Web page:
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Edmonton: FOR RENT


The new homes, condos and re-sales that are traditionally the focus of the Edmonton real estate market now have an additional market factor: rentals.

Edmonton’s real estate market has been heating up since the end of the spring lockdown and, added to the usual strategy of sales-to-listings ratios, forecasting supply and demand trends, Edmonton is tracking rental stats and investors are catching on to Edmonton rental properties as viable, long-term investments.

Patrick Francey and JG Francoeur are executives with the Real Estate Investment Network (REIN), respected as Canada’s most trusted real estate investment, education, analysis, research and strategic leadership resource.

“We’ve been very bullish on Edmonton for the past year,” Francey says. “Even before the pandemic hit, we started to see Alberta’s economy recover, offering great investment opportunities in real estate.”

Francoeur explains that the pandemic’s impact on the Edmonton rental market was marginal. “Like most of rental markets, once the dust settled from the initial lockdown reactions, Edmonton’s rental market was not really adversely impacted, and overall government stimulus programs such as CERB provided renter households with income needed to pay rent.”

According to the most recent (January 2021) CMHC Rental Market Report, slower rental demand due to weaker economic conditions and lower migration combined with higher rental supply resulted in an increase in the Edmonton rental vacancy rate. Despite the increase in the overall vacancy rate, there was no significant change in average rents.

Edmonton’s rental vacancy rate (for a two-bedroom rental) increased 7.4 per cent with an average monthly rent of $1,272.

CMHC economist Michael Mak explains that, “Vacancy rate increases are largely focused in central Edmonton, around the downtown core, as well as near the University of Alberta. But property operators have opted to compete with non-price measures such as free amenities and certain months of free rent. Over 90 per cent of recent primary rental growth is in the one- and two-bedroom units.”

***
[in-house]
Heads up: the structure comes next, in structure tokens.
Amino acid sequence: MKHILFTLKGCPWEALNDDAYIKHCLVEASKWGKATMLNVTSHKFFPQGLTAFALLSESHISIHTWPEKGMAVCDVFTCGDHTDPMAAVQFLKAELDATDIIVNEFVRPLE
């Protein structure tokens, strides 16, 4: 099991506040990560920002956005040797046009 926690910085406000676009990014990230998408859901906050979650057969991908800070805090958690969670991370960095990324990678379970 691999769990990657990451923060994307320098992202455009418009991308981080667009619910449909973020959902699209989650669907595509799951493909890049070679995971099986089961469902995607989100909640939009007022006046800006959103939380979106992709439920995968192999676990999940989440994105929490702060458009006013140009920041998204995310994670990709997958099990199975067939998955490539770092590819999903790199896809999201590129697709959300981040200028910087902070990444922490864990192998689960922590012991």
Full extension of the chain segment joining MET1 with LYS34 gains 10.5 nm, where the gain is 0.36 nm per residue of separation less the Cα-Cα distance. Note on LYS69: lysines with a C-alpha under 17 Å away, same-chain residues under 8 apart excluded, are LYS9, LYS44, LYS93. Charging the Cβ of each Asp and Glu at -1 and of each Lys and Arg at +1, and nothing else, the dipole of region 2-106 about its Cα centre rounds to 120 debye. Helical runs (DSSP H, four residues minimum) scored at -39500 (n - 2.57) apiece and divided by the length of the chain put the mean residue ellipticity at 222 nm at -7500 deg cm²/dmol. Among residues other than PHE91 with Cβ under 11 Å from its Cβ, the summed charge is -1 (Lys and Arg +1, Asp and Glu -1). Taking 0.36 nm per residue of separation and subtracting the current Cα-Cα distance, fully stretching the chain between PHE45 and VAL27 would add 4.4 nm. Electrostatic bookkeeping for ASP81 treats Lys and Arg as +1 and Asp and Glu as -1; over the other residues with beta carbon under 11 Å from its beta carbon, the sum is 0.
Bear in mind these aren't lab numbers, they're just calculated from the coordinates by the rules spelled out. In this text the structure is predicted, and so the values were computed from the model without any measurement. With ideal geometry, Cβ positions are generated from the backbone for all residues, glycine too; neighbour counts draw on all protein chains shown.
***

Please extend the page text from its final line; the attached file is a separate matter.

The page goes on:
REIN’s Francey underscores that, saying “In most markets, the key factors are the same: employment growth, supply and demand, tenant profile, property type, price point, region. This is what our research team focuses on. Purpose-built multifamily apartment style residential units in Edmonton continue to remain soft, with recent signs of improvement.”

Stats also show that market conditions continue to be tight in Edmonton’s condominium market. The condo vacancy rate decreased from 2.5 per cent in 2019 to 2 per cent in 2020, mostly due to the increase in demand for condominium apartment units resulting from consumer preferences in the Edmonton CMA.

The increase in condo demand is in spite of rents, that were on average, 11.3 per cent higher than those for purpose built rental apartments.

“Edmonton’s condo market is overbuilt and tenants have a lot of selection and options,” Francoeur adds. “On the supply side, investors are having to work harder and be innovative in general to keep maximize rents and keep units rented. Vacancy has stayed relatively consistent depending on property type. Rents were starting to come up pre-pandemic, and then flattened during the pandemic. For well-managed properties, many investors are seeing rents increase.”

Not for competitive stats and rankings but for the purpose of understanding the present and strategizing for future trends and possibilities, most real estate professionals reference and compare Edmonton with other markets.